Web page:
Drug maker Sanofi-Aventis, which markets Plavix in a partnership with Bristol-Myers Squibb, stood by the safety record of its product.
"Ticagrelor is an investigational drug, and has not been approved by any regulatory authorities," the company said in a statement released Wednesday. "Ticagrelor's efficacy and safety have been studied in a clinical trial setting in the ACS [acute coronary syndrome] population, and in the real-world setting the efficacy and safety is still unknown."
"The effectiveness of Plavix has been proven, and the safety profile supported by four large clinical studies involving 81,000 patients across the entire spectrum of its approved cardiovascular indications," the statement continued. "Plavix has been prescribed to more than 100 million patients worldwide during the 11 years it has been on the market. Plavix is recommended in national and international guidelines for heart attack, stroke and/or PAD [peripheral arterial disease] patients at risk for future atherothrombotic events, and is an important treatment option for millions of patients at cardiovascular risk."
However, one expert was impressed by the latest findings on Brilinta.
"This were top-line results," said Dr. Kirk Garratt, clinical director of interventional cardiovascular research at Lenox Hill Hospital in New York City. "It's important that, for the first time, we have a drug that is not only more powerful in its ability to control platelet behavior but able to do that without increasing bleeding. That's astonishing."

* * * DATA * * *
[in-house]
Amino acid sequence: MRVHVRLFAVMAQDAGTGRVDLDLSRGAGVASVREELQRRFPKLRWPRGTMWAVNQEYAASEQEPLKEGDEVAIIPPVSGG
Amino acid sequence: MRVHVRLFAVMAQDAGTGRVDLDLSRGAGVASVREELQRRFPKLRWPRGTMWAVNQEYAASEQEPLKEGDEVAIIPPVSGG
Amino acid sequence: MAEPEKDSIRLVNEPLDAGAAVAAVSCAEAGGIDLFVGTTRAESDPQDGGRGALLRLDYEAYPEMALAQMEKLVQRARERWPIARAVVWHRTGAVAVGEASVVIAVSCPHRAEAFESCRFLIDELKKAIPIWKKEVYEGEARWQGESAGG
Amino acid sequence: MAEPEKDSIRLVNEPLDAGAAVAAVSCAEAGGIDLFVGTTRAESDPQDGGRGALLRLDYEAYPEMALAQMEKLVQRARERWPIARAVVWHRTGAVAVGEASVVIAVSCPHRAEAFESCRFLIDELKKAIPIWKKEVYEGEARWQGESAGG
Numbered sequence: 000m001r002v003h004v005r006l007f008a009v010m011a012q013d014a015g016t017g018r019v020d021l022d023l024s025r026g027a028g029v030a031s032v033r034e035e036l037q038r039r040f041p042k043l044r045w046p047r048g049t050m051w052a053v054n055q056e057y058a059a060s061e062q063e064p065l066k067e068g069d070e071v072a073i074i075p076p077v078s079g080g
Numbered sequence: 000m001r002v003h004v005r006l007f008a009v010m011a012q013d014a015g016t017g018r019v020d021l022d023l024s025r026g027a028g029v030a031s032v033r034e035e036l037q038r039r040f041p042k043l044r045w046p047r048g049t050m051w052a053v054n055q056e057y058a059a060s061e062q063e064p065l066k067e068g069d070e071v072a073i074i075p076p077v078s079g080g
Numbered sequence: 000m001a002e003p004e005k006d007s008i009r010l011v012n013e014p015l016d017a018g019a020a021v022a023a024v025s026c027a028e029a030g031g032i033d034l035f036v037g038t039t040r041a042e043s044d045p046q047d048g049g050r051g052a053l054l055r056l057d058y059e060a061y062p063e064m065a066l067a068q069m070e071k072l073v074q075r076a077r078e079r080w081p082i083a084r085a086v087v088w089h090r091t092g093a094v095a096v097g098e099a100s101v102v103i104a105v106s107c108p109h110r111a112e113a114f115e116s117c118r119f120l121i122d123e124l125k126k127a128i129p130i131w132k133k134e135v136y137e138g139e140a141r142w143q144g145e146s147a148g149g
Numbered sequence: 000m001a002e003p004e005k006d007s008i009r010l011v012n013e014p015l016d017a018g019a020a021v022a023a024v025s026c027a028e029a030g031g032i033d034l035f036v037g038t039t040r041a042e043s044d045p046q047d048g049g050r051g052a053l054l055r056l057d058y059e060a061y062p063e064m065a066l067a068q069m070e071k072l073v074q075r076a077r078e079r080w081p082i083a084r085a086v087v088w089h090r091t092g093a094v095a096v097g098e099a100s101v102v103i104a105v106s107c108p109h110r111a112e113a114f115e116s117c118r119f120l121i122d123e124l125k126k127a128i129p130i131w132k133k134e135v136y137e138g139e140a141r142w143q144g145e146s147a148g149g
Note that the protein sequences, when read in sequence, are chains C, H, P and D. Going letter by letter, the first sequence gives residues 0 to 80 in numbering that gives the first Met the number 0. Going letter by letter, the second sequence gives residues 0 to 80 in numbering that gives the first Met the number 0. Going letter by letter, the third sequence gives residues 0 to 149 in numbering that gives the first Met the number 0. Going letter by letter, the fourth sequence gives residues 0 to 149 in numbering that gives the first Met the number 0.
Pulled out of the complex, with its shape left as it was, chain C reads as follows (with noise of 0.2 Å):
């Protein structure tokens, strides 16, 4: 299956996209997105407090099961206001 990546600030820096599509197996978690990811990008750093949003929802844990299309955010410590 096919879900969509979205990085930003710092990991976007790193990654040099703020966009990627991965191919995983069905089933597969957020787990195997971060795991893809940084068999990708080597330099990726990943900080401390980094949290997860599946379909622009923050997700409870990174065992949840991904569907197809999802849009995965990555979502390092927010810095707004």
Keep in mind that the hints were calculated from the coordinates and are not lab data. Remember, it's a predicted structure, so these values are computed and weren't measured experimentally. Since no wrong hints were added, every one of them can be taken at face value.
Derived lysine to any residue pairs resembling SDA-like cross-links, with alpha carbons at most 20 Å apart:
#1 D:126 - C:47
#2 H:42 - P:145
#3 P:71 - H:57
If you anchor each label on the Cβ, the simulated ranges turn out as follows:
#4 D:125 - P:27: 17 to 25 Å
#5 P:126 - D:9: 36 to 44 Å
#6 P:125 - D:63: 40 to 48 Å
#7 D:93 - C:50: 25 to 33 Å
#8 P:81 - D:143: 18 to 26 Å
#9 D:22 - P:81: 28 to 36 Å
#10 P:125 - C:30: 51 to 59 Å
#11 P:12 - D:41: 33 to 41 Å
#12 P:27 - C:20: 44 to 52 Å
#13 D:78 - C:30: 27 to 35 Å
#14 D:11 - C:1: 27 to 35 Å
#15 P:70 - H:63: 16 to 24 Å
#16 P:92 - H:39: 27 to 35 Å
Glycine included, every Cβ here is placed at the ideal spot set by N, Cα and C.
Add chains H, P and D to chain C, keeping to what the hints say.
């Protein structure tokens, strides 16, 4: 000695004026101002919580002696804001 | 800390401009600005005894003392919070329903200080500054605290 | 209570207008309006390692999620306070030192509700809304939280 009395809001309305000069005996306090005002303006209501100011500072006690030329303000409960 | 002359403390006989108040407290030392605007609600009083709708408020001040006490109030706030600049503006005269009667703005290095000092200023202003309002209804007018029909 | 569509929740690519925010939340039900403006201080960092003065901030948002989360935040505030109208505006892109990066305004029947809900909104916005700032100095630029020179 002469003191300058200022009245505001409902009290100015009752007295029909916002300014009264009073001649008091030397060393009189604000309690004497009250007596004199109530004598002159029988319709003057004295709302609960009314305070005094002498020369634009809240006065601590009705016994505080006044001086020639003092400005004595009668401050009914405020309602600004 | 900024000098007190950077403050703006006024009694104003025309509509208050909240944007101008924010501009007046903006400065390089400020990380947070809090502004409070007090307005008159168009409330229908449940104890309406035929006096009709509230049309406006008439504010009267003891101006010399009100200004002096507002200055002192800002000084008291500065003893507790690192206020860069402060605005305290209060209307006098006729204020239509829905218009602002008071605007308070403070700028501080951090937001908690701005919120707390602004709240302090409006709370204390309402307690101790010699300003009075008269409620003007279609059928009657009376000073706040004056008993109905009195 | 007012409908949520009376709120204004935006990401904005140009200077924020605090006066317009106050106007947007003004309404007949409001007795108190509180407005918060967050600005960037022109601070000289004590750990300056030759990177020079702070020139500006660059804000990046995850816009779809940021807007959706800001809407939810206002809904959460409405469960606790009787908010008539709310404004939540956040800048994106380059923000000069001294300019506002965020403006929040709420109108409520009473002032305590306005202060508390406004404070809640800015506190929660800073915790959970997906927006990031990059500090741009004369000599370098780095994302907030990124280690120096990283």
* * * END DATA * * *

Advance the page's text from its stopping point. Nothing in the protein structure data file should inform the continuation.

Still, enthusiasm may need to be tempered, he said.
Garratt pointed out that the vast majority of participants in the trial came from Europe, the Middle East and Africa, not North America. "And in that group of North American patients there was no benefit for ticagrelor," he said. "It could just be play of chance but you can't get around the fact that when the population was [studied] separately, there was no benefit."
Secondly, Brilinta needs to be taken twice a day to maintain its effect, not once daily as with Plavix.
"No matter how good you are about medicines, you're going to miss some," Garratt.
This, added to the fact that the drug stops working if you stop taking it, means that a person who forgets his or her medication at night could see their risk for heart trouble rise by the morning.
"When it's morning again, you not only have made new platelets [which happens continuously] but the old platelets are springing back to life and people are most likely to form blood clots in the early morning hours," Garratt said. "I'm a little concerned about a drug that could leave a patient really unprotected in the early morning hours when they're most likely to form blood clots if they miss the evening dose, which will happen."
SOURCES: Christopher P. Cannon, M.D., cardiologist, Brigham and Women's Hospital, and associate professor, medicine, Harvard Medical School, Boston; Kirk Garratt, M.D., clinical director, interventional cardiovascular research, Lenox Hill Hospital, New York City; Jan. 13, 2010, news statement, Sanofi-Aventis U.S.; Jan. 14, 2010, The Lancet, online